An arrest warrant is an order from a judge authorizing law enforcement to arrest an individual for a crime they are accused of committing. The warrant usually has the criminal charge and the name of the person who is sought for the crime listed on it.

What Is an Outstanding Warrant?

An outstanding warrant is a valid arrest warrant that was originally issued months or years ago. It is still valid because the person has not been arrested yet.

How Can a Warrant Be Outstanding?

An arrest warrant may be valid for many reasons. These reasons include:

  • The individual does not know about the warrant
  • The individual is evading law enforcement
  • The law enforcement agency responsible for serving the warrant has not served it yet

Are There Consequences to Having an Outstanding Warrant?

The major consequence of having a warrant is a person can be arrested at any time. The arrest could occur while the person is out running errands or at work. Another consequence is being tried on the original criminal offense, regardless of whether it is a felony or misdemeanor.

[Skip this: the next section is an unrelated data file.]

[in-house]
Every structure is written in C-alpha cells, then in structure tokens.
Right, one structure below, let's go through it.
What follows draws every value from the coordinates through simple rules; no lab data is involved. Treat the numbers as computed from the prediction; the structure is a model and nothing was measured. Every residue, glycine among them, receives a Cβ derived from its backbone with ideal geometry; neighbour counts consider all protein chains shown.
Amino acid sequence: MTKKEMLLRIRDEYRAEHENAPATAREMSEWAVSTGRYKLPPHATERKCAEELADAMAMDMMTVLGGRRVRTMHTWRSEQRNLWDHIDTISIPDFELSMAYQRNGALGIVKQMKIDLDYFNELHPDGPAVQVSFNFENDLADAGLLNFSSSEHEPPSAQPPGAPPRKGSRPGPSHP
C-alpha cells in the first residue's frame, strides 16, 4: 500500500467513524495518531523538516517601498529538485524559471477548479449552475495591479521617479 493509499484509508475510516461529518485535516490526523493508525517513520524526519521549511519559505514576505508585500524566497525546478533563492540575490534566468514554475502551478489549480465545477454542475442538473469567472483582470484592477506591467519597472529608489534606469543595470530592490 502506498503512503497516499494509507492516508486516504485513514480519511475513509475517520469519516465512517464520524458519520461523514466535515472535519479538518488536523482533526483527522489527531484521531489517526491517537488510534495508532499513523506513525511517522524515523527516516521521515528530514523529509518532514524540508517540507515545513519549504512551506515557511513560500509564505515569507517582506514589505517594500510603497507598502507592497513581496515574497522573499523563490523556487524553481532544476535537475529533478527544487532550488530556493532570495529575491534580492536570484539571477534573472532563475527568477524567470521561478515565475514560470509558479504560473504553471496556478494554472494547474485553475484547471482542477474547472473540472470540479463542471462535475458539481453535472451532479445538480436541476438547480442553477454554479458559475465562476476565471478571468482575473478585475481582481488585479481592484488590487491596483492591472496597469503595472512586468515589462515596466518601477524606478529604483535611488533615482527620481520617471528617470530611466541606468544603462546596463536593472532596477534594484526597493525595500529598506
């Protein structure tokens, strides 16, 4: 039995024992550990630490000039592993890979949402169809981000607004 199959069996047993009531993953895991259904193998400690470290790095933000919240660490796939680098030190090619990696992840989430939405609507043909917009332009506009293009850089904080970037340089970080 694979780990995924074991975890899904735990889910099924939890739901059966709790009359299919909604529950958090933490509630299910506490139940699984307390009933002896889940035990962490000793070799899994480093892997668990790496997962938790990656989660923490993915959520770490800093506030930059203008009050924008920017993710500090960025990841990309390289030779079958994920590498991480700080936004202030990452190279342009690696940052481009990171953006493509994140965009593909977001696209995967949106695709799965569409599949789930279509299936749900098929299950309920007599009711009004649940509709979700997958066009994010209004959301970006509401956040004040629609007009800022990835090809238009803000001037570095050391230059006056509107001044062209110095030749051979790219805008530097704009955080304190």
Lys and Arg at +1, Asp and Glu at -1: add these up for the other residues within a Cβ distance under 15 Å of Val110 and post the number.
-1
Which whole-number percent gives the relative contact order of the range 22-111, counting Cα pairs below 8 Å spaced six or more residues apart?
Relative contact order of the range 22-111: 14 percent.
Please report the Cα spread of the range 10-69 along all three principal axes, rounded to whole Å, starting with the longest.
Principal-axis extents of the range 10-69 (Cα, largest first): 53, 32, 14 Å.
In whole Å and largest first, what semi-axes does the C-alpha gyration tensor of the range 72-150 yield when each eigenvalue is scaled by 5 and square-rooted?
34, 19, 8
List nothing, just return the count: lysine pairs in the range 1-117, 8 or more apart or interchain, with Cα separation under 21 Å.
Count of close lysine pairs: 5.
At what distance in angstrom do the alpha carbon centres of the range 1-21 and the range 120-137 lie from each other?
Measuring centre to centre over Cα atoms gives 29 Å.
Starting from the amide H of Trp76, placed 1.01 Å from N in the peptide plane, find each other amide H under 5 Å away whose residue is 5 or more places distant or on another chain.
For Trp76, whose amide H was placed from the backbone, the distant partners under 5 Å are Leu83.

Is There a Statute of Limitation on Criminal Charges?

Yes, there is a statute of limitation for some criminal charges. Other charges such as murder never expire. However, when an individual has an outstanding warrant, the original charge never expires because they are considered a fugitive.

Are There Any Defenses Available?

A person with an outstanding warrant has a number of legal defenses that will allow them to eliminate the warrant. For example, it may be that they could not make a court date because of an emergency. Whatever the excuse, it is advisable to discuss the issue with an attorney before getting arrested.

How Can I Find Out If I Have an Outstanding Arrest Warrant?

You can conduct a search for an outstanding local warrant by checking local law enforcement websites or contacting the court directly.

Should I Discuss My Outstanding Warrant with a Lawyer?

Yes. A criminal lawyer can negotiate a resolution to the warrant and provide you with defenses to the original criminal charge.